Let me introduce Nigel. Nigel is a very wealthy family man who lives in a very wealthy region of the country. He is in fact the 5th wealthiest man in the country. He's rather proud of this and mentions it quite a lot.
One day, Nigel is looking through his monthly expenditures and wondering where he can make some savings. Although he is very wealthy, this is a prudent thing to be doing. After all, as his mother always said: “look after the pennies, and the pounds will look after themselves.” Looking through his expenses, Nigel spots that family membership of his golf club looks a bit high. He pauses to consider this fact. He doesn’t actually much like the officials who run the golf club. They have a habit of being a bit officious and petty in enforcing the club's rules. Is this club membership really worth the money?
Nigel broaches the idea of resigning their family membership with his wife and children over dinner that evening. To his utter amazement, they look at him as though he’s gone mad, even after he mentions the amount of money they’d save.
They point out that the club's facilities are brilliant. They go there and have a great time every week. Furthermore, Nigel uses it very effectively to network with clients and potential clients. His family point out that the commission he earns on business won at the club more than covers the cost of membership.
Just because they are resigning their membership of the golf club doesn’t mean they’ll lose access to any of its facilities. They’ll still be able to use the driving range; the 18 hole course; the restaurant and the bar. So they’ll still get all the networking advantages too. The weekly family trips aren’t going to stop.
Nigel’s family seem strangely skeptical about this argument. How will they get access to the facilities if they are not members. There is the possibility for non members to use the facilities - for a daily fee. But the daily fee is large enough that, given the number of times in a year they visit the club, they’d be better off just paying the annual membership fee. Visitors paying the daily fee still have to abide by all the niggling little club rules when they are at the club.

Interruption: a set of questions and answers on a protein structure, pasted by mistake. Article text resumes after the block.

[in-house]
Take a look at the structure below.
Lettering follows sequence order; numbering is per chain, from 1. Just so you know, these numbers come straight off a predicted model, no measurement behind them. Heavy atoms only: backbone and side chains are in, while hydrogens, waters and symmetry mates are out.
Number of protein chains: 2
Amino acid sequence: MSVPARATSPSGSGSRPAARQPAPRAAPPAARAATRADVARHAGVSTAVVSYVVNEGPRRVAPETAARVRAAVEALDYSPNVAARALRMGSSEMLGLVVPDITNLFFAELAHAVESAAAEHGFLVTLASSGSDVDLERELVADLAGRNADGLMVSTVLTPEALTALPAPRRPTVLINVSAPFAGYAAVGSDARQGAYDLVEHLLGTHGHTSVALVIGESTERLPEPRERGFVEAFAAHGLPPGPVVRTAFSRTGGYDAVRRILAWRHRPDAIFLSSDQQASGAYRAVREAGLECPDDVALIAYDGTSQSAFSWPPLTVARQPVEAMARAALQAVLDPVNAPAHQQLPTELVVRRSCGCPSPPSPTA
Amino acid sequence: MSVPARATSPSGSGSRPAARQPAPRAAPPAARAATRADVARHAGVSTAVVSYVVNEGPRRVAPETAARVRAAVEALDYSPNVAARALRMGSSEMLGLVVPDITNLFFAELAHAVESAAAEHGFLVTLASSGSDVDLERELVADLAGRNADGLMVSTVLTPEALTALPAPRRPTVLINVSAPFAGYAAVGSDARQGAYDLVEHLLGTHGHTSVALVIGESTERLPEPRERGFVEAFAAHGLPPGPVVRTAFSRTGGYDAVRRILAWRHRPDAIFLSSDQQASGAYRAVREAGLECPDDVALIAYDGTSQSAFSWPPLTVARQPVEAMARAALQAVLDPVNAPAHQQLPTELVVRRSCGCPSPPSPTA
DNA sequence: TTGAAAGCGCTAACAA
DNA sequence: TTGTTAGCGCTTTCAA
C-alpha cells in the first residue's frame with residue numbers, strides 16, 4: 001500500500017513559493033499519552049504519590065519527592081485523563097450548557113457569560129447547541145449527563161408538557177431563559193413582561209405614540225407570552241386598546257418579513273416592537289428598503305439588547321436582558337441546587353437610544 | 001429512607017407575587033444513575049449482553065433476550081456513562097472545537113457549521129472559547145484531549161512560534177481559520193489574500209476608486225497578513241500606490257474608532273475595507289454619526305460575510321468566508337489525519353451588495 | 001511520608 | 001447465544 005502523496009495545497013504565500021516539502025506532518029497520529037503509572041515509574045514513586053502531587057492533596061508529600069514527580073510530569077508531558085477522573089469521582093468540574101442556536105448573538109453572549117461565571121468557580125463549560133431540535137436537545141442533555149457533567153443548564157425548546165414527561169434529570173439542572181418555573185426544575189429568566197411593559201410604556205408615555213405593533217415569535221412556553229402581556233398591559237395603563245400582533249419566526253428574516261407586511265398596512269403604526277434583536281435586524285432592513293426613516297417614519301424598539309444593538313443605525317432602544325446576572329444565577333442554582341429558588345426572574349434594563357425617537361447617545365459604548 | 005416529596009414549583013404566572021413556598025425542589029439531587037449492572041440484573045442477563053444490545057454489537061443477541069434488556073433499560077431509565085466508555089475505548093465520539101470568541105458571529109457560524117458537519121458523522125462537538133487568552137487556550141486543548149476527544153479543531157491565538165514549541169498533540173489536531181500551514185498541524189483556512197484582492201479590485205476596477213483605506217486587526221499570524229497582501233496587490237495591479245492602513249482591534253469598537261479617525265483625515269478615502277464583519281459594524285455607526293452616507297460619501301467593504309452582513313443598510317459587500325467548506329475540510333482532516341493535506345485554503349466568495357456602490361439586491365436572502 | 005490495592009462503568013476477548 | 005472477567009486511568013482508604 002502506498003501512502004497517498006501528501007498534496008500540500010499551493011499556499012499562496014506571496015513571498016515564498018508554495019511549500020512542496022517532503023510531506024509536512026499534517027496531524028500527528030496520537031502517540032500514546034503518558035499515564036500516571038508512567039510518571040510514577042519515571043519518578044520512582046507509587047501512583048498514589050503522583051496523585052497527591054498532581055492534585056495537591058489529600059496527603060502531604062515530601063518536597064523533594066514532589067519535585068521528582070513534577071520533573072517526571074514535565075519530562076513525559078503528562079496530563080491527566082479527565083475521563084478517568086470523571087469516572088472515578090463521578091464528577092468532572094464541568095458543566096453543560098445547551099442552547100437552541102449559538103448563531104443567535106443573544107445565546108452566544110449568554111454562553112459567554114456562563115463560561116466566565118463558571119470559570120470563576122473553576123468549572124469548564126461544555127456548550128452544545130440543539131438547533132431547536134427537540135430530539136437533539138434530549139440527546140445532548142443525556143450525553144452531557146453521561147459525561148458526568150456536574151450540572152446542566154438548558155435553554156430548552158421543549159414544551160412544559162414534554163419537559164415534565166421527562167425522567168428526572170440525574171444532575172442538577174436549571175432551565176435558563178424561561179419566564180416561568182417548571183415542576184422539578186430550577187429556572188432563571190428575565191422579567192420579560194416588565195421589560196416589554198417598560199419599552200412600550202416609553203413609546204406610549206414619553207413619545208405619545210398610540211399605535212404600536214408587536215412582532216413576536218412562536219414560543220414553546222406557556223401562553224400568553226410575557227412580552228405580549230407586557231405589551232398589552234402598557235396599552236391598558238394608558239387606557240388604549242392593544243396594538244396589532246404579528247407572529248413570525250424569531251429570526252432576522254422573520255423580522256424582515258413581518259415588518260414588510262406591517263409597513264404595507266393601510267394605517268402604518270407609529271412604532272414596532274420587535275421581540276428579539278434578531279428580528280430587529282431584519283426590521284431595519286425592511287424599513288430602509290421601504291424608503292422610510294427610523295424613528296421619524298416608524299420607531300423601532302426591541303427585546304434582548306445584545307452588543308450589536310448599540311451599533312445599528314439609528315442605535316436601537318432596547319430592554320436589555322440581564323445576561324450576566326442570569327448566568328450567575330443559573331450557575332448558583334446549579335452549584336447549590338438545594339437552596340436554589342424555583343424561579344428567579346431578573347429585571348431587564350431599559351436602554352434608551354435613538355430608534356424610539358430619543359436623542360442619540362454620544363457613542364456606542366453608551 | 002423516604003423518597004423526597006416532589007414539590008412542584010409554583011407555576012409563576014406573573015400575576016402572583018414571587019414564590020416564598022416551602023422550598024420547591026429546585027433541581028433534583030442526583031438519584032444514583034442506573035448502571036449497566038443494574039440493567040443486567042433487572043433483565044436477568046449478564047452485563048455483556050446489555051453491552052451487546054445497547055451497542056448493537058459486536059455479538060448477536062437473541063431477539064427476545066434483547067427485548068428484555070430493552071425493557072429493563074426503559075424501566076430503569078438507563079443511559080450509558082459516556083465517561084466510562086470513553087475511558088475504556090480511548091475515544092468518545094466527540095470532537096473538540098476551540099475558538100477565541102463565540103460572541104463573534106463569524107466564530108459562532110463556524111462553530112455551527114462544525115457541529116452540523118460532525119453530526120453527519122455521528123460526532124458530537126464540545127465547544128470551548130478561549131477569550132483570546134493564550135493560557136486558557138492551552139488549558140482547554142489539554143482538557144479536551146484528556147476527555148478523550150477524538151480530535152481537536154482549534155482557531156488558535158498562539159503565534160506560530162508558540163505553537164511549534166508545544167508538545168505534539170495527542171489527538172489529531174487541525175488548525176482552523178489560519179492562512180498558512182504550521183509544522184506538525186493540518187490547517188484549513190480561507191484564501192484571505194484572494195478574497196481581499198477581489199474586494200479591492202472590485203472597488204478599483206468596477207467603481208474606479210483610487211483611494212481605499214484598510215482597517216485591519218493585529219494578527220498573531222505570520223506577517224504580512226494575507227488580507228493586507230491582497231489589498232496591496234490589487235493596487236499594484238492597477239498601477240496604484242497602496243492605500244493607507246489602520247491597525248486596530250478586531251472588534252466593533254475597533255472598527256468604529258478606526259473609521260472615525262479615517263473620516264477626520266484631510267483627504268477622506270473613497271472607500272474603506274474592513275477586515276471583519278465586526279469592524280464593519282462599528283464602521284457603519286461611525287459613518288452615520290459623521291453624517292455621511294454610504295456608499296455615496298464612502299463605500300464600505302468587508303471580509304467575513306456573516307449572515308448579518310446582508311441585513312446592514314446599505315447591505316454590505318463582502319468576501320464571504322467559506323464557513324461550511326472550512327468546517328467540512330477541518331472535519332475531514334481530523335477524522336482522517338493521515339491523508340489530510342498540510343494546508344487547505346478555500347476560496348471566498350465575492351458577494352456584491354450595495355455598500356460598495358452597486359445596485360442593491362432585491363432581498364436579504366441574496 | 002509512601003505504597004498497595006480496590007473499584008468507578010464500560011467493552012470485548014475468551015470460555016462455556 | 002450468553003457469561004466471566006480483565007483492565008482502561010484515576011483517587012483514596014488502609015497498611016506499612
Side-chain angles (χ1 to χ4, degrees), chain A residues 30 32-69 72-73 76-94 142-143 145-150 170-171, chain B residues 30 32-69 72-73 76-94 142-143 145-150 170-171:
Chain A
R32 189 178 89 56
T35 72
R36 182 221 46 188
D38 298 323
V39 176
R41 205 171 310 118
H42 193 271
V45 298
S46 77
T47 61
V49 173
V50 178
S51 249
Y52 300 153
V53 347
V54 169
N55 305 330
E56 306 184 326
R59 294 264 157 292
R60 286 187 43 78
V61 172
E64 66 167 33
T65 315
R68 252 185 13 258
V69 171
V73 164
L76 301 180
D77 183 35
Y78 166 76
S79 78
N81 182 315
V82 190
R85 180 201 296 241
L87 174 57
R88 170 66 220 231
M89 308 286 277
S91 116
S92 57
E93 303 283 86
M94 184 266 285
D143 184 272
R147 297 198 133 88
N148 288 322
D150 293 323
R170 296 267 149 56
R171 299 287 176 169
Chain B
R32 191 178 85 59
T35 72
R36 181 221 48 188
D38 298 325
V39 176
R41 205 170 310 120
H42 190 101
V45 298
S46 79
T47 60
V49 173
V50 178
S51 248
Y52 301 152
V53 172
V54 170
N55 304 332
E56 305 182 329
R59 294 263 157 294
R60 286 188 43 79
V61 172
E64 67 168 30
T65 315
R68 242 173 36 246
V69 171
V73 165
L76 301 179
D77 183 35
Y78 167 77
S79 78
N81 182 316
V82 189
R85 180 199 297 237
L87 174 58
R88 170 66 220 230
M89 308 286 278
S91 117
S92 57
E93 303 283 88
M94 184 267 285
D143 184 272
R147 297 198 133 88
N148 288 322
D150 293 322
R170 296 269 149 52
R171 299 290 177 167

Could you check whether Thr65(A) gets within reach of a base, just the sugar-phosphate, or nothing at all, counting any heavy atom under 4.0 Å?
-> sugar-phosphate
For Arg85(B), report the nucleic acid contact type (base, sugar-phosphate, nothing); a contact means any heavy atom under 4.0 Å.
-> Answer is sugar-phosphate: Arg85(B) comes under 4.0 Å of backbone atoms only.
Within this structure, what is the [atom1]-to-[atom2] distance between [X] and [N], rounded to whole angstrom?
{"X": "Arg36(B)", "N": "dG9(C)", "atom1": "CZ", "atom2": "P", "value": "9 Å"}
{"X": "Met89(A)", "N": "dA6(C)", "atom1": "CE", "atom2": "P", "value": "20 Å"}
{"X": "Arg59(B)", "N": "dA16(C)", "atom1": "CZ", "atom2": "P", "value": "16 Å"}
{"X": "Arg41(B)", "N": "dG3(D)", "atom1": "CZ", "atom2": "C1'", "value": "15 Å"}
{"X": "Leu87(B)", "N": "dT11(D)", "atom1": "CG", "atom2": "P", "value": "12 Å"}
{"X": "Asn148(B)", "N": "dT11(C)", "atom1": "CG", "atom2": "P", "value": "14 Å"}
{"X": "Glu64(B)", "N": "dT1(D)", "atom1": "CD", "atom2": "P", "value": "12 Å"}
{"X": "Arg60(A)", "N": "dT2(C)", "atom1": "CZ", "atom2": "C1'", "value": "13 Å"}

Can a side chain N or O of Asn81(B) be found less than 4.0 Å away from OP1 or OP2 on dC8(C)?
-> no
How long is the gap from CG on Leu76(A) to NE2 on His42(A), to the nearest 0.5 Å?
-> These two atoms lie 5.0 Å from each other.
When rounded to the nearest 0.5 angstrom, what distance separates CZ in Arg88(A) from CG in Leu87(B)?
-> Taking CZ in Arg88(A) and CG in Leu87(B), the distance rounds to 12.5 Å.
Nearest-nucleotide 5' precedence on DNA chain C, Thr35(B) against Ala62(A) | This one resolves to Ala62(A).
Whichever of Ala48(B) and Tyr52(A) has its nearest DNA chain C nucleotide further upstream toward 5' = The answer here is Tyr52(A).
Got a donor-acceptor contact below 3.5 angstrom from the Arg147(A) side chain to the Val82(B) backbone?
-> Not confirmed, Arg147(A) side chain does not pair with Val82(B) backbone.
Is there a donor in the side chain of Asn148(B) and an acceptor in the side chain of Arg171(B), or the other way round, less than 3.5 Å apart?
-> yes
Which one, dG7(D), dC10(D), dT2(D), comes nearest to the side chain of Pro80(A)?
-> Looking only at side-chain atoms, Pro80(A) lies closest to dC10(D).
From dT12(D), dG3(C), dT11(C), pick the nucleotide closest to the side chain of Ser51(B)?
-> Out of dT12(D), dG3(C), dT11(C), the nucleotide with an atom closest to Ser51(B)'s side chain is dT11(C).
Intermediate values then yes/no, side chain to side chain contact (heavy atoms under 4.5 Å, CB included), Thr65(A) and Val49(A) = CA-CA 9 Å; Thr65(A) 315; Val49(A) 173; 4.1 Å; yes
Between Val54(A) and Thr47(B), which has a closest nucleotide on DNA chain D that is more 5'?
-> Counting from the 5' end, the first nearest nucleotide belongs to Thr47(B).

Nigel is absolutely amazed to hear this rebuttal. Don’t his family realise how business works. Once he is no longer a member, he’ll be able to negotiate his own special rate. After all, he’s the 5th wealthiest man in the country, the golf club will want his business, and will bend rules in order to get it. So he’ll be able to negotiate terms that wouldn’t necessarily be available to others.
His family are still sceptical. Will they want our business that much they ask? They might be a bit hesitant to give us special terms, wouldn’t they think it was dangerous to set that kind of a precedent?
At this point Nigel gets frustrated and and a bit angry: "of course they won’t mind about setting the precedent!" he exclaims. Afterall, we buy a hell of a lot more from them than they buy from us!
At this point, his family look at each other and just say “yes dear”. They know from bitter experience that it is better not to argue the point when Nigel has become this animated. Besides this vocal argument is happening inside the club's restaurant, and people are starting to stare. It is all a bit embarrassing.
If you are reading and are a British citizen and a member of a golf club or tennis club, or even a tiddlywinks club, then I implore you: before 23rd June, try this:
- Go to your club, tell them you are resigning your membership, but insist to them that this means you will still have every right to continue using the club’s facilities.
- If they put up a fight, try to negotiate your own special rate.
- See how far you get…